June 20, 2016 at 5:06PM


If I convert from Sony A7Sii S-Log3 XAVC footage to ProRes (LT and higher), will I lose the flexibility in the colouring stages if I were to grade in ProRes?

I asked this over on Reddit , but I'm expanding my search for answers over here!

I prefer to edit, grade and finish in ProRes in Premiere CC, simply because it's much smoother and easier on my system. I work with a travel adventure Youtube channel and we have lots of footage. I choose to work with ProRes in Premiere CC because I find that working with lots of files in different formats and codecs really bogs Premiere down (waiting for thumbnails to load really gets me frustrated). I also find that editing ProRes, doing some light color grading, and EXPORTING from ProRes in Premiere a huge timesaver because I don't have to do any relinking.

Anyway, my question here is: Does converting to ProRes 'flatten' the colour data from S-Log3 XAVC footage?

Here's what I was thinking as well:
SONY footage at XAVC-S: 1920 x 1080p / 59.94 fps (50 Mbps)
Apple ProRes LT: 1920x1080p / 59.94 fps (approx. 294 Mbps)

This might be a wrong way of thinking, but wouldn't converting to a higher data rate codec retain the colour information?

Looking to get some definitive answers if possible!


No, you won't lose anything. Almost everybody (on Macs) converts from whatever their camera shoots to ProRes as a pro intermediate format.

XAVC and ProRes are two different codecs. They have nothing to do with S-Log3 or Rec709 (which are gamma curves and possibly color matricies). Convert XAVC to ProRes, treat it like it's S-Log3, and you are off to the races.

June 20, 2016 at 6:48PM

You voted '+1'.

This guy RIGHT HERE. This guy.

Chuck 'im a carrot n 'alf!

David David

June 21, 2016 at 10:51AM

Thanks for sharing this vital information!

Joshua Laplap

June 23, 2016 at 1:38AM

Colorwise it won't change anything as Prores is 422 8 or 10bit, although it will change a bit on fine detail in very complex image, if you have a fix shot of grass for instance as prores compress frame by frame it is not able to keep as much detail as xavc.
But if you air on youtube in the end it doesn't change much as youtube compression is very strong anyway.

June 21, 2016 at 4:43AM, Edited June 21, 4:43AM


And the result pretty much dictates my process, unfortunately. I work with a Youtube channel and our footage plays there pretty much exclusively.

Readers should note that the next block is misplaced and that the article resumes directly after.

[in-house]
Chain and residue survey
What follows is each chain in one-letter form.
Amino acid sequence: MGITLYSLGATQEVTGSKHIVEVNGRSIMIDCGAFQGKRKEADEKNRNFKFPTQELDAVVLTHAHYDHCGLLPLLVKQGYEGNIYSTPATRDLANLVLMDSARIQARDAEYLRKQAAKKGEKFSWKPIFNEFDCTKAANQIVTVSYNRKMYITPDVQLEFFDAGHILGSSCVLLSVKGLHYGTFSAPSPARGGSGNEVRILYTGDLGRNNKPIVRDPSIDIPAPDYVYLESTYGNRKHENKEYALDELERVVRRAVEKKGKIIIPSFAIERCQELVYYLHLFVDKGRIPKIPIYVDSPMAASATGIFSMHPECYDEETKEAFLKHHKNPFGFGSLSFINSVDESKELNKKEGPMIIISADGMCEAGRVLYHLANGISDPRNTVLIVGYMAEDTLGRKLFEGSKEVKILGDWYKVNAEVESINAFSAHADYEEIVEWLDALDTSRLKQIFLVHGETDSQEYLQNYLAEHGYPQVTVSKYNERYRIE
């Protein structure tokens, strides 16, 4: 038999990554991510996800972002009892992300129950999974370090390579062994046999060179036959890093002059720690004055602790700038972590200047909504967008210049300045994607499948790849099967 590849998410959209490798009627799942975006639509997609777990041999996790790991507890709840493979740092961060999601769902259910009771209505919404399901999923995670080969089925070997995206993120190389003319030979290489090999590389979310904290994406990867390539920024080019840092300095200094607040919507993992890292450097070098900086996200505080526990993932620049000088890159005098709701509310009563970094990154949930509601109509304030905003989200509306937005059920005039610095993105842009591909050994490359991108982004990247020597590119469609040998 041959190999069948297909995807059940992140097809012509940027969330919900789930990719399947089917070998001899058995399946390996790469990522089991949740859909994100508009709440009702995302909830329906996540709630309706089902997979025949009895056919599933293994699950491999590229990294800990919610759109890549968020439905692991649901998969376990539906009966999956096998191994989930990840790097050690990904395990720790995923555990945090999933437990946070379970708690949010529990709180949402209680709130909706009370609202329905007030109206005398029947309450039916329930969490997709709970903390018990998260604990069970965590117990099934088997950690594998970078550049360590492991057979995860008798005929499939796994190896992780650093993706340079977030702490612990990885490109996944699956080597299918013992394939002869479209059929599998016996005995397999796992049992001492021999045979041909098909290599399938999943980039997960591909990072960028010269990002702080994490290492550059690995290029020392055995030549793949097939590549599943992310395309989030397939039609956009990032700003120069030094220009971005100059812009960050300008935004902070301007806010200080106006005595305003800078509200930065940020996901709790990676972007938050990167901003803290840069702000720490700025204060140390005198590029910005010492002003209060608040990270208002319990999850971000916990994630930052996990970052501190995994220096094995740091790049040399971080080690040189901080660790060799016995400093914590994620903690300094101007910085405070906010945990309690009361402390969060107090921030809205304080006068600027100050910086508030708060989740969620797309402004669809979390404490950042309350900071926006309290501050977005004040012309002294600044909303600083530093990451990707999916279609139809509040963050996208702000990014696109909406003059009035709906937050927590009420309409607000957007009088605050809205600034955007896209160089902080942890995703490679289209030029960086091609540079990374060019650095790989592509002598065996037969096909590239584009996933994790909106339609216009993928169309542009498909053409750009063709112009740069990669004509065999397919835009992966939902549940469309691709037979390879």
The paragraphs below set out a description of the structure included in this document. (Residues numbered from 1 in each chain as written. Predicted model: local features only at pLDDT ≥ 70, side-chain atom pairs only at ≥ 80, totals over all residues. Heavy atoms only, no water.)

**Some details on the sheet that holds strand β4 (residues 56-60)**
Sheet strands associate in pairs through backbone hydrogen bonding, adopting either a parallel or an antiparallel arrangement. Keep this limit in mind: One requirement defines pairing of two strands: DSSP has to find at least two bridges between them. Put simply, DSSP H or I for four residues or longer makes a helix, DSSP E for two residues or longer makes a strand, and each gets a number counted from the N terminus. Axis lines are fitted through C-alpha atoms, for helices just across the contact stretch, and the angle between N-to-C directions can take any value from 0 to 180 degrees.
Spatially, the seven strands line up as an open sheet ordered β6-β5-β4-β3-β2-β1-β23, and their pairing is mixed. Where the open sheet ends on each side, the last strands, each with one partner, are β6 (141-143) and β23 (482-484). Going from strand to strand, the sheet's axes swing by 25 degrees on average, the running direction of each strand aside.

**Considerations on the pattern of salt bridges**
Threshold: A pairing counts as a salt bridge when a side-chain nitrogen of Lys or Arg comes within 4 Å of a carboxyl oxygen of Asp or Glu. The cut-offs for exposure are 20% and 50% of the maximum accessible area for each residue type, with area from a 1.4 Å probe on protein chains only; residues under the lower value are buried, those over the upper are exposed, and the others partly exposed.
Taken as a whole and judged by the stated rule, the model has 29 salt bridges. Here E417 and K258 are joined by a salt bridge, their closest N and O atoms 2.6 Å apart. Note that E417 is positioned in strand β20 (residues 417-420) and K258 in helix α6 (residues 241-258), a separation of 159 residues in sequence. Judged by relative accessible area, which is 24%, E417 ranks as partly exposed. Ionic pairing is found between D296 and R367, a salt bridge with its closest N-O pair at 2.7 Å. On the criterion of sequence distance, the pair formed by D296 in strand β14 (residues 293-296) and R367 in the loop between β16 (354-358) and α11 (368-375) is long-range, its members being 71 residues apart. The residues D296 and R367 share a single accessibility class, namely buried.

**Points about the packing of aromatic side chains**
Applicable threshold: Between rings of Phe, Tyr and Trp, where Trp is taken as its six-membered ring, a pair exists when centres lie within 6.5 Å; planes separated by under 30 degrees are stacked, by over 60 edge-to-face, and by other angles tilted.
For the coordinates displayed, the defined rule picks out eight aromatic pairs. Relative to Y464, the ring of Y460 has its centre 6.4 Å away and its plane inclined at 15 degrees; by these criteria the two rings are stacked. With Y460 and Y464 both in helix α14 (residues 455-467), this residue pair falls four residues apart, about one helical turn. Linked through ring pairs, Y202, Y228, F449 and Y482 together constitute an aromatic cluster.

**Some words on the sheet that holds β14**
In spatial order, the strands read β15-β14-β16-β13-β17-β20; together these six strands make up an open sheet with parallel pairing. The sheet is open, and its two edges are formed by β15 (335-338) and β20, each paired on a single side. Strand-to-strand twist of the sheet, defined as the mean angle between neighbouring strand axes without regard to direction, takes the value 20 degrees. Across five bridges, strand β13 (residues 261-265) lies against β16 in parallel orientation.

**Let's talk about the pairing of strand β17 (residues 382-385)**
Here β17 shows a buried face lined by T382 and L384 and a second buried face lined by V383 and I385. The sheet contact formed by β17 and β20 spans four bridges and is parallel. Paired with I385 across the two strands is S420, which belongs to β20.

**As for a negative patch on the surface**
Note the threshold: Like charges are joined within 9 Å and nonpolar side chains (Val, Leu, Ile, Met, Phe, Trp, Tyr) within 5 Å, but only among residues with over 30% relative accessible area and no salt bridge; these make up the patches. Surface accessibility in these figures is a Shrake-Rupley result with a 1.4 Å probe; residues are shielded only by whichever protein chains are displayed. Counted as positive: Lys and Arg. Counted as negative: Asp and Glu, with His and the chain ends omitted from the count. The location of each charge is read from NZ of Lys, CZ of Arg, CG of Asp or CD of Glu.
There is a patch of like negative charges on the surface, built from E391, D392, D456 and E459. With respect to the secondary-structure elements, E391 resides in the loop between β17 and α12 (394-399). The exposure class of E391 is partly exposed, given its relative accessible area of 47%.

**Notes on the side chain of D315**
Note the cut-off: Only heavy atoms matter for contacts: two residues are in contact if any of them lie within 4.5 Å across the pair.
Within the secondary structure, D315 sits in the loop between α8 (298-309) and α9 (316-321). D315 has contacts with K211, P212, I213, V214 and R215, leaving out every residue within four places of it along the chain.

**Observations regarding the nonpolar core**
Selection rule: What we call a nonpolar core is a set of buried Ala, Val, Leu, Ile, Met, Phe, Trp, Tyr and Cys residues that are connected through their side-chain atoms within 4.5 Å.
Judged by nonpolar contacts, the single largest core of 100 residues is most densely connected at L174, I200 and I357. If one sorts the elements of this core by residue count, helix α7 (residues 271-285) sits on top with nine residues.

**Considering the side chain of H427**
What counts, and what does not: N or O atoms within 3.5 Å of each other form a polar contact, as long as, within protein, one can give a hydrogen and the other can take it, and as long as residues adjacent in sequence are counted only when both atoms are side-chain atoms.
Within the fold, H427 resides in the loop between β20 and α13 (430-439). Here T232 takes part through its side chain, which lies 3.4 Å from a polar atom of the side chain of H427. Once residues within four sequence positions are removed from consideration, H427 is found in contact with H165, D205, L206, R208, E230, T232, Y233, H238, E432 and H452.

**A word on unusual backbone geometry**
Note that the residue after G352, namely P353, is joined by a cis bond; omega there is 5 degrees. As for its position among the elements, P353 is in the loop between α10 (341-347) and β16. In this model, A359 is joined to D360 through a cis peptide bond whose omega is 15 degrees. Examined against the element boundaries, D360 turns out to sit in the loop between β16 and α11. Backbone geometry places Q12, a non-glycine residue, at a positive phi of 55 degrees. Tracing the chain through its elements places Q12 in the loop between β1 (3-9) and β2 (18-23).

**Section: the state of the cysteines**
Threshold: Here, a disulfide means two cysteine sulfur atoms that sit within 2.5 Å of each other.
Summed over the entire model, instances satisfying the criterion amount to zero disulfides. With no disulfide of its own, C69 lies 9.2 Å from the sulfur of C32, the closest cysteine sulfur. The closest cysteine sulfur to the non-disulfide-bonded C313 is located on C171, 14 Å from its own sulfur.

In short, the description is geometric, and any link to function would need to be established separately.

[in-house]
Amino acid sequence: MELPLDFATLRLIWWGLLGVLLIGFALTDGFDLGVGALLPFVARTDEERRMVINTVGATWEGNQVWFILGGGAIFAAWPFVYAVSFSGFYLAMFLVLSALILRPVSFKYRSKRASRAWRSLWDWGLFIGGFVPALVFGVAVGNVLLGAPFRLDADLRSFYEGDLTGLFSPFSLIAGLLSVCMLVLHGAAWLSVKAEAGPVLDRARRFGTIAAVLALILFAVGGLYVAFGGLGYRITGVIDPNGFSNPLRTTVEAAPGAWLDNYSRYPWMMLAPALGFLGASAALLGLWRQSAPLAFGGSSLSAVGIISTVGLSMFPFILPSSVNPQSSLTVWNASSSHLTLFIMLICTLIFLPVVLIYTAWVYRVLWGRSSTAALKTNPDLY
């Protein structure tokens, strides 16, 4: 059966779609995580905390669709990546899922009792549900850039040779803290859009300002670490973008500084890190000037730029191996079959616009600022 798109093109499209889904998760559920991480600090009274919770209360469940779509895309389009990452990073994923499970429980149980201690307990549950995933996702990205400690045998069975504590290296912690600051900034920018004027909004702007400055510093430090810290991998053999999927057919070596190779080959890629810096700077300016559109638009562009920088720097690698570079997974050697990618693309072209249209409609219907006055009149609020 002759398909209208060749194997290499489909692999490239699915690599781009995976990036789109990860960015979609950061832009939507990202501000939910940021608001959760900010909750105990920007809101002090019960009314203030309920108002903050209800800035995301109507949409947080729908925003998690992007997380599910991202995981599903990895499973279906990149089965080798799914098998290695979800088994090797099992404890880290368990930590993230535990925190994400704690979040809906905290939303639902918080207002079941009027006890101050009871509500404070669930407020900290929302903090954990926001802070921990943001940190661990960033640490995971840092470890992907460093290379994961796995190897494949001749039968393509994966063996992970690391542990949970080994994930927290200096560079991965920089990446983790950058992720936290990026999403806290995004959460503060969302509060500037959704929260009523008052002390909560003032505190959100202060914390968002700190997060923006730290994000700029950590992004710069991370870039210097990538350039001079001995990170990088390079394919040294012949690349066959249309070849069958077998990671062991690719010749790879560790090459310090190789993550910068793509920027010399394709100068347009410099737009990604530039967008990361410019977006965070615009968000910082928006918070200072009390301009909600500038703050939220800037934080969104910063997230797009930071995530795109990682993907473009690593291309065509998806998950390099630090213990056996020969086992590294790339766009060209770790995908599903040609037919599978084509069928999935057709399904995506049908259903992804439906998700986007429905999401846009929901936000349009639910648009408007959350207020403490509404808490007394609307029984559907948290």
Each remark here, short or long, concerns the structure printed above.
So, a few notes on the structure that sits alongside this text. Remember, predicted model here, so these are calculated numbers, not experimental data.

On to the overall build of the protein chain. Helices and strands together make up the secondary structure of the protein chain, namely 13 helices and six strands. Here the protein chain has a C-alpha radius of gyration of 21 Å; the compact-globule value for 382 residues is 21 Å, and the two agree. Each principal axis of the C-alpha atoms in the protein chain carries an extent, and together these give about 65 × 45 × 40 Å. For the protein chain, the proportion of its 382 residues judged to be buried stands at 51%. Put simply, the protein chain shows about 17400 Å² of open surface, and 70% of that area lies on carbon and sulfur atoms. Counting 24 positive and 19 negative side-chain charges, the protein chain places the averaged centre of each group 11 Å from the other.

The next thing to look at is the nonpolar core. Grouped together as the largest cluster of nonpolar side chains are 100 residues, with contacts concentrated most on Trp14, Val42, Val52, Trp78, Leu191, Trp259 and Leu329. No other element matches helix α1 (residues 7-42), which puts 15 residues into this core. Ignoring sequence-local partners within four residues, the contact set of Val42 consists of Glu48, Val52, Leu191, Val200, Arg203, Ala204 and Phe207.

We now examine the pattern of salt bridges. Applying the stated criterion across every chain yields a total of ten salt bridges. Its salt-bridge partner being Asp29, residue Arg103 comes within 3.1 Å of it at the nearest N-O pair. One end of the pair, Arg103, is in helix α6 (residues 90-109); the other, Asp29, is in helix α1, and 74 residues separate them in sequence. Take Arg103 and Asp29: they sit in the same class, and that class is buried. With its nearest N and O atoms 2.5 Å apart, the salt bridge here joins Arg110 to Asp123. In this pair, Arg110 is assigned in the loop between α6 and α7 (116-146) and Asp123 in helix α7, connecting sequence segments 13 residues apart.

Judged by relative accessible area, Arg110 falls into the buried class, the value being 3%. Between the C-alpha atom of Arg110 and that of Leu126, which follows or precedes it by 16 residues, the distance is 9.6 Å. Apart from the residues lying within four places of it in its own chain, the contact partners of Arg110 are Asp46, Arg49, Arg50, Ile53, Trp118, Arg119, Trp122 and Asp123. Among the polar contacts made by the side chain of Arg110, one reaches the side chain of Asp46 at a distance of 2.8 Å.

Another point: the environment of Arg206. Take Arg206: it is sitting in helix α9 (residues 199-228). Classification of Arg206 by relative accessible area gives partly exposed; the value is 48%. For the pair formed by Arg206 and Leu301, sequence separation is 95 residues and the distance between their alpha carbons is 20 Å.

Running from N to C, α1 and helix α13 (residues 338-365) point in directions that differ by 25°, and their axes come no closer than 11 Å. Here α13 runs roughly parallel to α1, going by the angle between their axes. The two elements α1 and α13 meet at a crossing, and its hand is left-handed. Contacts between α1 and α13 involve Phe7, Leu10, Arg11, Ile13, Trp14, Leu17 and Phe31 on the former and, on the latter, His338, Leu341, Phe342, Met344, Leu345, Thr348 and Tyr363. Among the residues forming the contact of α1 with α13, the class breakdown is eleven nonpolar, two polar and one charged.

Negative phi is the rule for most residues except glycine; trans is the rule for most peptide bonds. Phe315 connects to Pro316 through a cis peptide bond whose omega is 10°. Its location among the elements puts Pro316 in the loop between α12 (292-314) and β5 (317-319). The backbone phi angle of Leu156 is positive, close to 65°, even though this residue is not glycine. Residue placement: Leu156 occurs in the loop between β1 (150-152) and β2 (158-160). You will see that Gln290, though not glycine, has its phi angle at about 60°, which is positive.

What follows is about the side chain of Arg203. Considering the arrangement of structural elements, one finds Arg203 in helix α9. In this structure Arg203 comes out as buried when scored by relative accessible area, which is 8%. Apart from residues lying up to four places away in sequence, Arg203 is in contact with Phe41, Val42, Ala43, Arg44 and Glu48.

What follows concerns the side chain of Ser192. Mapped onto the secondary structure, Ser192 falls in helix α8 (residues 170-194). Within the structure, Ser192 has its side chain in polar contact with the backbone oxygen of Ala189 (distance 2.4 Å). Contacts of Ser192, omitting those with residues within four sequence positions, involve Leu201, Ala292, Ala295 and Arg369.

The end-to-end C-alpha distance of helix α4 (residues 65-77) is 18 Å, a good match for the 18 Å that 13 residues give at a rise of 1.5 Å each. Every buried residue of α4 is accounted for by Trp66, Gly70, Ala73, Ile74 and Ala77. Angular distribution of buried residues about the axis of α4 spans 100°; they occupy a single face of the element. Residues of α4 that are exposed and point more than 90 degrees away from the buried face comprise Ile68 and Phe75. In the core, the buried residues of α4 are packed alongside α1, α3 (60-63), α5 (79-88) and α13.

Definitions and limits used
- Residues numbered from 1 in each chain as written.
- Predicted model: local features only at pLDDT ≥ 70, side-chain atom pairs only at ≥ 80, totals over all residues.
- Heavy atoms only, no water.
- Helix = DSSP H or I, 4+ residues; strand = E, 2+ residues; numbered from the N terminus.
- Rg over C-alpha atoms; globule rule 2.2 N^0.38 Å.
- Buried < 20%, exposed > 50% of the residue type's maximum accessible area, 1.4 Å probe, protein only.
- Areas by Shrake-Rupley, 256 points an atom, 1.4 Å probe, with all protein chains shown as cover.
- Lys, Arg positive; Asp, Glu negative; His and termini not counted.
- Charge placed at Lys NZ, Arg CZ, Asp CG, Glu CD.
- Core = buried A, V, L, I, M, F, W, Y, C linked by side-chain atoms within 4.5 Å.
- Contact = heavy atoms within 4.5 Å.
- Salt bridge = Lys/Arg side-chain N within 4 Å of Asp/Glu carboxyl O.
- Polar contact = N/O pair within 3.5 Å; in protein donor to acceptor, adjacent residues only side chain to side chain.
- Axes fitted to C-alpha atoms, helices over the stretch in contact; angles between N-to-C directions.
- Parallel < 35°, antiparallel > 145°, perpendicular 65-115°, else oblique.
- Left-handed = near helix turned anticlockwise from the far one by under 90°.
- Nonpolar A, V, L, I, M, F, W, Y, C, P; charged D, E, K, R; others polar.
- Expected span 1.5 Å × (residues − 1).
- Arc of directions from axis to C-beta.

My workflow currently goes:
- Import original files to storage
- Transcode files to ProRes
- Edit, grade and export in ProRes

Joshua Laplap

June 23, 2016 at 1:38AM, Edited June 23, 1:38AM

Joshua, other than a faster export time, is there a benefit to exporting in ProRes before uploading to Youtube? Youtube compression is essentially converting the footage to h.264

Giovanny Lago

June 23, 2016 at 4:14PM

Umm what?! ProRes being Intra-Frame should retain complex image detail better!

Nate O

December 13, 2016 at 5:15AM, Edited December 13, 5:15AM

You will not loose color information, you are not gaining information either. You are starting with a compressed codec and changing it to another codec. It won't be as compressed, but you don't gain detail or color or anything else, you are just making it so that your computer doesn't have to work as hard to playback footage.

June 21, 2016 at 8:35AM

Eric Buist
Producer | Creator

Yeah, the biggest reason for transcoding is that I hate any form of stutter when editing. And wow... XAVC and H264 footage really slows down Premiere like crazy. Having lots of native footage really grinds my gears...

Thanks for your explanation.

Joshua Laplap

June 23, 2016 at 1:36AM

What people have said here is true - going from a heavily compressed 8-bit XAVC to less-compressed ProRes (8 or 10 bit) will be a virtually lossless process, including the "unseen" data (highlight/shadow detail and color leeway). Think of it as pouring your glass of water (XAVC) into a bucket (ProRes). You won't spill any, and the bucket is much easier to move around without spilling any.

But for the sake of thoroughness, note that this is a VIRTUALLY lossless process - any de-compression and re-compression of data can only give you less than you started with. Think of this as the drops that still remain on the inside of your glass after you pour. Insignificant, but there.

June 22, 2016 at 6:50PM, Edited June 22, 6:50PM


Thank you, fam. This is all very useful information. Now I'm thirsty for some water.

Joshua Laplap

June 23, 2016 at 1:34AM

As most comments have already mentioned, your XAVC footage, has already been compressed. Transcoding it to a Codec with less compression, ProRes, will not return data lost during the initial recording.

What you will gain is the difference from an Inter-frame Codec (XAVC/h.264) to a Intra-frame Codec (ProRes). Intra-frame is a lot more friendly to you system.


Alternatively, if you were to use an external recorder with your A7s, then you would bypass the internal compression, thus gaining more data for use in POST then what you have now ... and no waiting for a transcode!

July 13, 2016 at 1:55PM

John Dimalanta
Freelance Photographer/Cinematographer

Just FYI Joshua, XAVC-S is just a specific version of h.264. I know that 1080p24 from an A7S is:
High Profile Level 4.1
GOP = 6 (keyframe every 6)
2 B-Frames

Pretty certain this stays the same for every frame rate on an A7S(II).

July 14, 2016 at 12:59PM


You won't lose much converting to ProRes and you won't lose any color. I would say if possible, consider getting an external recorder to record S-Log from the camera straight to ProRes, I honestly think that is the best way to go. Sort of like how the Arri Alexa has ProRes. There motto early on and still is I believe "shoot > edit" which describes how easy it can be perfectly when you start with ProRes.

December 13, 2016 at 5:23AM

Nate O
Cinematographer/Video Editor

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